I hit a couple of used bookstores in Middlebury, Vermont last weekend and came away with a few good items. The first shop must not have recovered from when I was there last spring, because they had zilch in the baseball section. Vexed, I found another shop that had three shelves full of just baseball books. Ohhhh, bacon. I didn't end up buying much on the count of I didn't have too much money to spend and I've already got a stack of books at home I haven't read yet.
Of course, I did pick up inexpensive copies of books I already have and love, so I can give them away as gifts. They include, "Here Me Talking to Ya," an incredible collection of interviews with jazz musicians compiled by Nat Hentoff, and "Life On The Run," Bill Bradley's fine account of a year-in-the-life of a professional basketball player.
But I did get a few baseball books of interest, including, "All Those Mornings," an autobiography by Washington Post scribe Shirely Povich; "Charlie O and The Angry A's," by Bill Libby; a nice, first edition copy of Curt Flood's autobiography (written with Richard Carter), "The Way It Is," and Maury Wills' autobiography, "On the Run," (written with Mike Celizic).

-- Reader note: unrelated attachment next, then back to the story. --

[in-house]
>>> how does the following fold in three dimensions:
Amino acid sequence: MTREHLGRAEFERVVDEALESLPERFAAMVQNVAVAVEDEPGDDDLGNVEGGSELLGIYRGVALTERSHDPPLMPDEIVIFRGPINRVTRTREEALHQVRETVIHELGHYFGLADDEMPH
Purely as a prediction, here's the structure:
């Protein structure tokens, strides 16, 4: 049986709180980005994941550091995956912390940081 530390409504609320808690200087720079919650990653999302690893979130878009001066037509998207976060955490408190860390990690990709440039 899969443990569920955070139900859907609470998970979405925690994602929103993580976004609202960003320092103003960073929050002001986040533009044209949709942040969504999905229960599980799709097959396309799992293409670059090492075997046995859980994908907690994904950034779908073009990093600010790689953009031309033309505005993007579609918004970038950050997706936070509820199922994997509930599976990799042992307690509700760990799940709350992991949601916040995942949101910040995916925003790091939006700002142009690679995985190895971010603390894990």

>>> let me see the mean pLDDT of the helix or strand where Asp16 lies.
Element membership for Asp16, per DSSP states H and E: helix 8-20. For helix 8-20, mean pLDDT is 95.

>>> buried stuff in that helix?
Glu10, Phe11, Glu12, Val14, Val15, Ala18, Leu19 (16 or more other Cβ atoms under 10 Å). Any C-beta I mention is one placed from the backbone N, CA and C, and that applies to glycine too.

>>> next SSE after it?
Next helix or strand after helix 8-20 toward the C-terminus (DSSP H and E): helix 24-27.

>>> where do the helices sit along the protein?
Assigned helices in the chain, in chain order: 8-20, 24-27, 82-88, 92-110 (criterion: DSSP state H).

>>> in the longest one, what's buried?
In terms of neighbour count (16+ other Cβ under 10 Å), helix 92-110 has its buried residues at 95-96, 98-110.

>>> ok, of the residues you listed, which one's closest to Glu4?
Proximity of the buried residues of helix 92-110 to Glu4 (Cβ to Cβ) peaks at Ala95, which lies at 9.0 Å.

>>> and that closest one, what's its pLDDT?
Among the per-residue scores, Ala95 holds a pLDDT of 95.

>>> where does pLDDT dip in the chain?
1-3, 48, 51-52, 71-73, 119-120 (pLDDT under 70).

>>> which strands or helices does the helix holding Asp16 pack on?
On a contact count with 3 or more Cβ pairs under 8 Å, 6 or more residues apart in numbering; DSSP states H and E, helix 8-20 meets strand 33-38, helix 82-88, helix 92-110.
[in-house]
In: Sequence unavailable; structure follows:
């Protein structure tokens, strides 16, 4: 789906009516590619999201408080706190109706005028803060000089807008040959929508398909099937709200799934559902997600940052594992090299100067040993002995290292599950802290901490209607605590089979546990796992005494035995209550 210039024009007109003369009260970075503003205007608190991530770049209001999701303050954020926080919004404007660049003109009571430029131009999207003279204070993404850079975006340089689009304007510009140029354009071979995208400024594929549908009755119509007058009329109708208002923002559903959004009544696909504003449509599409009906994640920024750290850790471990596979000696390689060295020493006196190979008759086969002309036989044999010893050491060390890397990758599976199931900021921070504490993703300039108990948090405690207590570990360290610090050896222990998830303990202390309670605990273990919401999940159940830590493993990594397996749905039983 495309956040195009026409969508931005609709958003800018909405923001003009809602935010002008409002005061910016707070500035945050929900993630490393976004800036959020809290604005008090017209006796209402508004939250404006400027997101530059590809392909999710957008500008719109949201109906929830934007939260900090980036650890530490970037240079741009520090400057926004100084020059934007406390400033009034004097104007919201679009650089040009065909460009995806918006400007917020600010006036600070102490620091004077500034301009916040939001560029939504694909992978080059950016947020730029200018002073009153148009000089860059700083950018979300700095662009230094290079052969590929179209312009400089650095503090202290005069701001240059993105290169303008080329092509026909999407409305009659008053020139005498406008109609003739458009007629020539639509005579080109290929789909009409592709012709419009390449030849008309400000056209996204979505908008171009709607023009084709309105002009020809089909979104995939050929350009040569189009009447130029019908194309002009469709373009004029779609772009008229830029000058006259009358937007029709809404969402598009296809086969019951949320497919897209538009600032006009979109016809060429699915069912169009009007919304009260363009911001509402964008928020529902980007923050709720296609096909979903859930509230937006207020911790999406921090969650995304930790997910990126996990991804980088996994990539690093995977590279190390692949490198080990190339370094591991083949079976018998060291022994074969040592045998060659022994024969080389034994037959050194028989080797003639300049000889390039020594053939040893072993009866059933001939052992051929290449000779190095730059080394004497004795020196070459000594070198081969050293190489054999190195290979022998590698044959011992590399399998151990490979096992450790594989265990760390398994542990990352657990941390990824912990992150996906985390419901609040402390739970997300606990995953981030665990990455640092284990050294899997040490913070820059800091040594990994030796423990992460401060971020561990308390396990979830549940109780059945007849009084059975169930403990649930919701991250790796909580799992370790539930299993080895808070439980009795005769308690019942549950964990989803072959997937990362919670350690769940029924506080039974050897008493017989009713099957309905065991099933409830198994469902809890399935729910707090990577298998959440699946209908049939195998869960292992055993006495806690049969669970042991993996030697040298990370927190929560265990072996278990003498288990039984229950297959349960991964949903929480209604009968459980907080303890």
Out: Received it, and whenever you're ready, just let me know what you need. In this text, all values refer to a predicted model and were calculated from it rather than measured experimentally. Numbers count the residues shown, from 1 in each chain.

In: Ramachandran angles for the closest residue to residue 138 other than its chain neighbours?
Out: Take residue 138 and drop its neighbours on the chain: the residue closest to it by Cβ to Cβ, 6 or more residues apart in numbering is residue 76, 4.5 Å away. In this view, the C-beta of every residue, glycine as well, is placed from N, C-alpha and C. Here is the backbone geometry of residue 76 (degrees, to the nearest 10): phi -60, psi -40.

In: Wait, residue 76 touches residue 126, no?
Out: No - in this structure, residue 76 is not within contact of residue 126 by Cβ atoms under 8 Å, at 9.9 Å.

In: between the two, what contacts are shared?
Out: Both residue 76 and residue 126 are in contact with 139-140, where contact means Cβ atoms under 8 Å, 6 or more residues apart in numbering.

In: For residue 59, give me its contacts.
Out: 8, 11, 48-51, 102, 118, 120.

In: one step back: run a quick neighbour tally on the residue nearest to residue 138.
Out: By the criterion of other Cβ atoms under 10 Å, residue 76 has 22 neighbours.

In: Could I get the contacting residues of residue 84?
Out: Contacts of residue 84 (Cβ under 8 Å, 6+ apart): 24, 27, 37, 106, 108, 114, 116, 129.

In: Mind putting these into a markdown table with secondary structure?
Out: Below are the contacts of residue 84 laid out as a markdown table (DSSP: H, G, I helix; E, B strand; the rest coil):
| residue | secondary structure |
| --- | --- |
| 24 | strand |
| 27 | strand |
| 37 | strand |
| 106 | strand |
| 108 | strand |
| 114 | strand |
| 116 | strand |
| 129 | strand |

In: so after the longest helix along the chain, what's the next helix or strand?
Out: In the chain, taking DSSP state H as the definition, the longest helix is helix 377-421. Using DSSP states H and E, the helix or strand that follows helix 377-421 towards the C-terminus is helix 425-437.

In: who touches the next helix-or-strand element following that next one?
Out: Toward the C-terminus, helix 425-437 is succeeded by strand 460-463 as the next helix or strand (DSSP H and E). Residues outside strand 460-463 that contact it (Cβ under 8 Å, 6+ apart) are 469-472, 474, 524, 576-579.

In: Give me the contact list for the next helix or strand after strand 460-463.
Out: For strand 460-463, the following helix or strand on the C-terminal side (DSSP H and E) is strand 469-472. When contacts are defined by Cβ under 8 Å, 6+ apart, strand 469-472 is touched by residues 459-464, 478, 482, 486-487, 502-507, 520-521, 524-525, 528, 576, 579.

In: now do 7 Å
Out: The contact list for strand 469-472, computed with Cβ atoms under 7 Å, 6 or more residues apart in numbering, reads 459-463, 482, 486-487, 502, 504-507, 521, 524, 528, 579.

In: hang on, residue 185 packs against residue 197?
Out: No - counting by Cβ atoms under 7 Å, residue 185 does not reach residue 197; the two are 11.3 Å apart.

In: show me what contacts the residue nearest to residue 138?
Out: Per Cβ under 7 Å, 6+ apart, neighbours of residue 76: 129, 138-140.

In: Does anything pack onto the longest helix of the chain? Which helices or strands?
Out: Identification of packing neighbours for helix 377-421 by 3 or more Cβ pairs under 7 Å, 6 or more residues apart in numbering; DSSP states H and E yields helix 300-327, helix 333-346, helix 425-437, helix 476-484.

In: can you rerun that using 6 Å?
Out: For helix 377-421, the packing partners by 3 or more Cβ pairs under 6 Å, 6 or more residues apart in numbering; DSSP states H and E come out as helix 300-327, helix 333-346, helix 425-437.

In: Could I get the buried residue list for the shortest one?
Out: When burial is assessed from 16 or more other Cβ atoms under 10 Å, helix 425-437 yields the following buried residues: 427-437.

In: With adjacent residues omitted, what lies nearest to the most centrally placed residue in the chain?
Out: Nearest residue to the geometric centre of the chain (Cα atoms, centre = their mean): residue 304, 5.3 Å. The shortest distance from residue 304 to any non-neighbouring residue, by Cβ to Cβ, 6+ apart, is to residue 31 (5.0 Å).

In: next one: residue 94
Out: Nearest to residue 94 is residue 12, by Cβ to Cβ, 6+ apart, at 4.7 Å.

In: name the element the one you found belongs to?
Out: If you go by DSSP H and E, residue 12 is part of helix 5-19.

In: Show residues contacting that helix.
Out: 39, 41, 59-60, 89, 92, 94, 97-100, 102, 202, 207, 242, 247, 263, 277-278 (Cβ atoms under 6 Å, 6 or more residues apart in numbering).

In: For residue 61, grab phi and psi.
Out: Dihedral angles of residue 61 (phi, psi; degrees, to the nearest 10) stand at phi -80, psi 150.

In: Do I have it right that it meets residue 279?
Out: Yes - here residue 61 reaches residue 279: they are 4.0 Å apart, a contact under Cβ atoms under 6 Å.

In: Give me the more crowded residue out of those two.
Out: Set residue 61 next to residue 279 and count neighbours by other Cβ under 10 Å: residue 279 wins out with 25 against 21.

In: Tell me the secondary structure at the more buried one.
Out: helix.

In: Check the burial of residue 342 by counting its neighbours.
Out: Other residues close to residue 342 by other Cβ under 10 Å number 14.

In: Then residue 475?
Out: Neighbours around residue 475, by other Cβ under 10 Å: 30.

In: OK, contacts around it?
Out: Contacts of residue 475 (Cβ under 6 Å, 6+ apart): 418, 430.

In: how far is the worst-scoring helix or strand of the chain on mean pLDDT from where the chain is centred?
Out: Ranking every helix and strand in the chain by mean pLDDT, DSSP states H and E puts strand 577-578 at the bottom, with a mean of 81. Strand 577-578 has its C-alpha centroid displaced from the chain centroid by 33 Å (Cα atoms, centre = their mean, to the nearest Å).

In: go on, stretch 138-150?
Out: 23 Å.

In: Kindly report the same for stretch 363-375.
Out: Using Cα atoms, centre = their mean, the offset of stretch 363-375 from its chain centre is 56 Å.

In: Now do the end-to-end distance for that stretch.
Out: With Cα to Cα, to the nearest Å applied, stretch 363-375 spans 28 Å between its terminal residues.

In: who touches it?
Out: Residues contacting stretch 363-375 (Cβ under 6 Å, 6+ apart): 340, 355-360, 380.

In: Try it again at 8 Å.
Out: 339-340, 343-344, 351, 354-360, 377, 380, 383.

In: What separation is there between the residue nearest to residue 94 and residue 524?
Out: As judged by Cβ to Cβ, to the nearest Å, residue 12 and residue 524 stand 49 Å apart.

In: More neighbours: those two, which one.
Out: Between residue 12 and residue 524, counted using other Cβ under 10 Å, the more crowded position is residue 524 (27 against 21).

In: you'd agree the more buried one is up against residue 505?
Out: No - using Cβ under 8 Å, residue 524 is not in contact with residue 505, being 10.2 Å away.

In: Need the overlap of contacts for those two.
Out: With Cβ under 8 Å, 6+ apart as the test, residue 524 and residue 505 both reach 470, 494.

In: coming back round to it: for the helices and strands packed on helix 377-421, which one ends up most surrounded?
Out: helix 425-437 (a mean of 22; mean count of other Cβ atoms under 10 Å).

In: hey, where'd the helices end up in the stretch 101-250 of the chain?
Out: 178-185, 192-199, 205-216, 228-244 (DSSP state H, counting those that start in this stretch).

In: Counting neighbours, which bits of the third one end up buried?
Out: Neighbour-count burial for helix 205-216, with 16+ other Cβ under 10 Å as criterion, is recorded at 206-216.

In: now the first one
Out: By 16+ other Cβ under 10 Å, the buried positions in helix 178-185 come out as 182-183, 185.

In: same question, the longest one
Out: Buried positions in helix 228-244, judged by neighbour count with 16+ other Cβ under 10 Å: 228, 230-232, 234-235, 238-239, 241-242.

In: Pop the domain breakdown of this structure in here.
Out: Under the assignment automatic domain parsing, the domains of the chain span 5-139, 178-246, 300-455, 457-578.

There was a book of letters exchanged by Joe and Phil Neikro during the 1987 season, that looked like fun and a couple of books by Charles Einstein on Willie Mays that I'd like to get to at some point too. But I chose the Wills book because I remember Bill James commenting on it in one of his books. So far, it hasn't been a disapointment. In the first fifty pages, Wills comes across as a true son-of-a-bitch. He tells the reader that he is a drug addict. One of thirteen children, and went on to have seven of his own. He was married while he was still in high school and he and his wife never got along. (He claims to have never seen his wife naked either.) Wills writes about what a lousy father he was, and how the woman he loved after he left his wife, slept with his son Bump. A loner on the Dodgers, he talks about being a bed-wetter until he was in his early '30s. Oh yeah, he also mentions that he single-handedly revolutionized the game of baseball. A sombitch, yes. Boring? No.